This street sign and fire hydrant are the lonely gatekeepers to what looks like a grassy tree-filled park. The park is curiously marked with flat slabs of concrete and short flights of steps that are set into the grass and lead nowhere. This is the site of the original town of Hibbing, once called North Hibbing, which was the lifeline to and from the iron mines. The mines grew, and the town grew, and soon they were too close for profit on the one hand and comfort and safety on the other. A settlement began a short distance south of North Hibbing, and after legal and political strife, negotiations, allurements, pragmatism, and other inducements, the town moved south. On rollers pulled by horses and then engines, homes and businesses and public buildings were towed about a mile and a half. People ended up opening their same doors on to different streets. Fixtures like fire hydrants, street signs and lamps, and foundations were impractical or unnecessary to either move or remove. A visitor to old North Hibbing can walk upon the remains of a community abandoned through vigor and ingenuity and compromise and compulsion, very different from walking upon the fertile remains of a battlefield or a town lost to flooding or other atrocity. You feel quiet and lonesome there and the place seems alive with the simple sadness of any benign ghost, anything necessarily lost. The past is very close behind in North Hibbing, and uncommonly so.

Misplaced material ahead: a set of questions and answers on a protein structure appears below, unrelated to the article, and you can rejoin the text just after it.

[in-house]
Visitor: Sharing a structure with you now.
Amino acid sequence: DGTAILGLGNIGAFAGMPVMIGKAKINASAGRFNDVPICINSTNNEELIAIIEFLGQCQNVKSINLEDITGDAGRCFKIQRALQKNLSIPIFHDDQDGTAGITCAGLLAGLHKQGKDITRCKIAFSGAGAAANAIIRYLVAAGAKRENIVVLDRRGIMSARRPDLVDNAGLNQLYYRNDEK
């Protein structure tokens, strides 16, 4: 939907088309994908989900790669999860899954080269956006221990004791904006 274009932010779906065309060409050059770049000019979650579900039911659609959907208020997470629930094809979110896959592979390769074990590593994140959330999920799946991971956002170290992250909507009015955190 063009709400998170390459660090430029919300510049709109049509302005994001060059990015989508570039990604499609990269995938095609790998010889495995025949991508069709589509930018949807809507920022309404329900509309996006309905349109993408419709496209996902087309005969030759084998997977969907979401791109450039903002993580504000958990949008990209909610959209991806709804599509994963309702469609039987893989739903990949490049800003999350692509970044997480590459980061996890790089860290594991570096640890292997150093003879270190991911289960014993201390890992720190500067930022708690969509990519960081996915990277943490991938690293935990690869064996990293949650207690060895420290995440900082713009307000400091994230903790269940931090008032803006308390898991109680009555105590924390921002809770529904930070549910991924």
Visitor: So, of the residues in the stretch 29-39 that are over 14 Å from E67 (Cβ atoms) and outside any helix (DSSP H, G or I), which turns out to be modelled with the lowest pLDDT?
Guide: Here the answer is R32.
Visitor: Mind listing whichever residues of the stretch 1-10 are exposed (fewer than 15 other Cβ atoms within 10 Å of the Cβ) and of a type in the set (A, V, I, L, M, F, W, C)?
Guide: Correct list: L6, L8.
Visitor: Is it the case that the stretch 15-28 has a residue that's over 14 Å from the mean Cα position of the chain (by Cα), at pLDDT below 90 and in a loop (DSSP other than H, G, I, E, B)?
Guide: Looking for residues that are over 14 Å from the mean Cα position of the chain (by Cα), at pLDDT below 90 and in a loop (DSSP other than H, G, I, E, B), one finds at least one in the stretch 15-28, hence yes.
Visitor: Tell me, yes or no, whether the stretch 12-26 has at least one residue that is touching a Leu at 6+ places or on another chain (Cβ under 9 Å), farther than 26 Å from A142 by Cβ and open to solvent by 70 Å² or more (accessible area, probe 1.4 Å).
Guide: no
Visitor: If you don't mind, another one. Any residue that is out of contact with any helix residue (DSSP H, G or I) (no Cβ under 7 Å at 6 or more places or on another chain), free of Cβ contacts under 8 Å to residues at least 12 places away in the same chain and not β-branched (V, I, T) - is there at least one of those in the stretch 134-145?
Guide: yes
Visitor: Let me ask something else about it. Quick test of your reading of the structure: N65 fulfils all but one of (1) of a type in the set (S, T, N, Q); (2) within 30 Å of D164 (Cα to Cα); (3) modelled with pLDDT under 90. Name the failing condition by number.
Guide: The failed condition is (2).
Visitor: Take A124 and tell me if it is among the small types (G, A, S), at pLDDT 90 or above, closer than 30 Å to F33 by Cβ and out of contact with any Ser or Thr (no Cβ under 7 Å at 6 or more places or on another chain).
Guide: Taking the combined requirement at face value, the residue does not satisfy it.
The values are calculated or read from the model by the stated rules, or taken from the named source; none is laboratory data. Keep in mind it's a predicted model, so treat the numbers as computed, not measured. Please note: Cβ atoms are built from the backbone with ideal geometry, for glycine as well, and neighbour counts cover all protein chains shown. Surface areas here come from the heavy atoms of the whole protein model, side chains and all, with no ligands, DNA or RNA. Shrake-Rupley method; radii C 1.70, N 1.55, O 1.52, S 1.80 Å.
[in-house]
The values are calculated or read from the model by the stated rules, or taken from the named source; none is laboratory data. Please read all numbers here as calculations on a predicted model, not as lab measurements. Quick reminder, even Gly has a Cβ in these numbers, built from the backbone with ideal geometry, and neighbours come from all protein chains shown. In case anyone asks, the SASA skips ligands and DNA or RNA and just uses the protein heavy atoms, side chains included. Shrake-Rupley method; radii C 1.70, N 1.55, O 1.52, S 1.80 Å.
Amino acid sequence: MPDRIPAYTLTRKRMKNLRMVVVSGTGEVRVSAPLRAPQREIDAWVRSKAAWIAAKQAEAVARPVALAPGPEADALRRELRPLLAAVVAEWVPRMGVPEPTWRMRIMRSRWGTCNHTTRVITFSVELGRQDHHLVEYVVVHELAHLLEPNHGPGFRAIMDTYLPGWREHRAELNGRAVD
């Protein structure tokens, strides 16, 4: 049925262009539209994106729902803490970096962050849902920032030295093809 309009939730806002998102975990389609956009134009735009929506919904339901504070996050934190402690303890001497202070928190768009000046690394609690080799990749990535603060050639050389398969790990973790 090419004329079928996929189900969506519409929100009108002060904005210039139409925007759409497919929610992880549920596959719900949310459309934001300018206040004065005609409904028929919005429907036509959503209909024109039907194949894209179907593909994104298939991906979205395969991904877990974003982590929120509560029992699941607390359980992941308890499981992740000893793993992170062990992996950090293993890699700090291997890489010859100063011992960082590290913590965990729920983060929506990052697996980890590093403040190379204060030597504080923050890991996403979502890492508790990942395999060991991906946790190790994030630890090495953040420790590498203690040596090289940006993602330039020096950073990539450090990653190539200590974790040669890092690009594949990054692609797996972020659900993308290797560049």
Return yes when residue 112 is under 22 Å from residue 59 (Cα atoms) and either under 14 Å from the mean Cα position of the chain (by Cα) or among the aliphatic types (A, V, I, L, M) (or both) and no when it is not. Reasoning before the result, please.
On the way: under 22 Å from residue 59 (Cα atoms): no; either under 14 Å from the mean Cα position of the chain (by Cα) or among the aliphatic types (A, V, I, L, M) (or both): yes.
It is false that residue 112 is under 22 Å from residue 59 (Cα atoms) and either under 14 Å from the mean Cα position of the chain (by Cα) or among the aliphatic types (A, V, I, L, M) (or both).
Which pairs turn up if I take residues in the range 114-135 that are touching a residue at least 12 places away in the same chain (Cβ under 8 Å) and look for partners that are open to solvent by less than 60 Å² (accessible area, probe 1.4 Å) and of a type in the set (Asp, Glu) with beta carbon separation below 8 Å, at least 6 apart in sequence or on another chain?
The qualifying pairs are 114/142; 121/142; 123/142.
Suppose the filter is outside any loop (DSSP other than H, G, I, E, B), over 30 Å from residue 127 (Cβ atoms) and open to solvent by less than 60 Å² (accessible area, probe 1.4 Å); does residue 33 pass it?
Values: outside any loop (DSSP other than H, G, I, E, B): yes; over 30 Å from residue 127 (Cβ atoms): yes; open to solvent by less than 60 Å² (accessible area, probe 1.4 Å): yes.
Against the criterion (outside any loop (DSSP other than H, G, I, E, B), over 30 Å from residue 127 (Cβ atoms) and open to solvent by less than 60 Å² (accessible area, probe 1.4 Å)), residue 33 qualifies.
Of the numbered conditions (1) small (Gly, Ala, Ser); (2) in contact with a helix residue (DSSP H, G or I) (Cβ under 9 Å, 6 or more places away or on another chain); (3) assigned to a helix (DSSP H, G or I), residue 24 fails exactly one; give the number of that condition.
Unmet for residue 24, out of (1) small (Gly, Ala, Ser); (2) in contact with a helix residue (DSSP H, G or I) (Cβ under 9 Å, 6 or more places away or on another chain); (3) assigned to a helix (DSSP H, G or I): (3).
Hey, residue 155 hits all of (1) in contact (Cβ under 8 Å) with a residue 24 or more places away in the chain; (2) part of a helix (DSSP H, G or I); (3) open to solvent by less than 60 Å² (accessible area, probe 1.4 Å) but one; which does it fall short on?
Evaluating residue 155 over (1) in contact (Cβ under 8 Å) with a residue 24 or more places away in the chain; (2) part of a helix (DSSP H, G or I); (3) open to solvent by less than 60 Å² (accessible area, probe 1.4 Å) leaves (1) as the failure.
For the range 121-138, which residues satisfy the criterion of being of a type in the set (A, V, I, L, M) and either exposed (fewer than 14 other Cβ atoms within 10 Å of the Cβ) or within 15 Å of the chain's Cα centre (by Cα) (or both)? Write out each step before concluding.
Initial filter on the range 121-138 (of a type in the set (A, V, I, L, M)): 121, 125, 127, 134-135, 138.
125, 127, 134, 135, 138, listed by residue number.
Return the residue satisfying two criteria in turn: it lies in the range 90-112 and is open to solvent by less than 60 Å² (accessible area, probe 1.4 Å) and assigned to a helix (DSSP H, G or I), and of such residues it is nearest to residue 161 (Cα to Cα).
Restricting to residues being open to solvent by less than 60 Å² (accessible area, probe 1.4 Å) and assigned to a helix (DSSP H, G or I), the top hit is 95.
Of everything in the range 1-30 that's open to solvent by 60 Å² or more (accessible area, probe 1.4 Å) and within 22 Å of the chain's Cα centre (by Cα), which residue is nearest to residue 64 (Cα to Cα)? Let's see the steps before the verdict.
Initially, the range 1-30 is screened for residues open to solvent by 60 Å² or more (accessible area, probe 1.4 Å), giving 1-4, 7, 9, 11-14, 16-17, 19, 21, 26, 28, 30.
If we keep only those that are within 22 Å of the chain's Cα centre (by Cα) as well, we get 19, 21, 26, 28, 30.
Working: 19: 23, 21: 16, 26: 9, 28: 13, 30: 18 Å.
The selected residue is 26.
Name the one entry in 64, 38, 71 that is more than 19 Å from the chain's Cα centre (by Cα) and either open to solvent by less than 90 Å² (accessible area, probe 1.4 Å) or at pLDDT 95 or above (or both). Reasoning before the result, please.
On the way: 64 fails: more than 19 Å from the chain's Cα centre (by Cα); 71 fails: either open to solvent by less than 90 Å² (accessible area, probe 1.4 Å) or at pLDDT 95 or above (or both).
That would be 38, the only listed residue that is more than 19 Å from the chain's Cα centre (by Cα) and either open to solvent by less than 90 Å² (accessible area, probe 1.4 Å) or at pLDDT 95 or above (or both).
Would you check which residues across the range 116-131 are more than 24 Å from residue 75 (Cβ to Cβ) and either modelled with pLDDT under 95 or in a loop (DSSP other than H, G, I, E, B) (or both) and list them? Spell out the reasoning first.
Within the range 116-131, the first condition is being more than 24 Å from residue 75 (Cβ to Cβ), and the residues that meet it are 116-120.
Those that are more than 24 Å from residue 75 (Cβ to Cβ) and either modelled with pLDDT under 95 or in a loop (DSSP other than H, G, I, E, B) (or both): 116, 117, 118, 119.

This is the Hull-Rust-Mahoning Mine in Hibbing over 100 years after iron ore was first discovered there. It looks uncannily natural to me, an impressive geological formation. The one or two trucks I saw trundling busily among the piles of earth seemed unmanned exploratory vehicles, bravely and mysteriously purposeful. At the time of our restless young something or other’s childhood, the mines in Hibbing produced 25% of the country’s iron ore. Within the history of late 19th-early 20th century European emigration to the US, Hibbing must stand out a little, due to the disproportion between the voracity of the mines’ need for labor, and the size and isolation of their setting. Men poured in from Finland, Ukraine, Italy, their different skills put to work in the mines themselves and in the town they built. The demands of mining brutally demanded cooperation, the climate brutally reduced many cultural distinctions to shared survival tactics, and quarters were close. Assimilation was fairly rapid, rough, and compulsory. In a coastal city, or an inland city with a greater variety of industries and more accessibility to other cities or large towns, a significant immigrant population can lead to cosmopolitanism, in which a fluid in-and-out population is constantly refreshing culture. Something different seems to have happened in Hibbing. Difference was accommodated, tolerance was a necessity, yet the flexibility of the diverse community was also bounded and isolated, rather than continually challenged and renewed.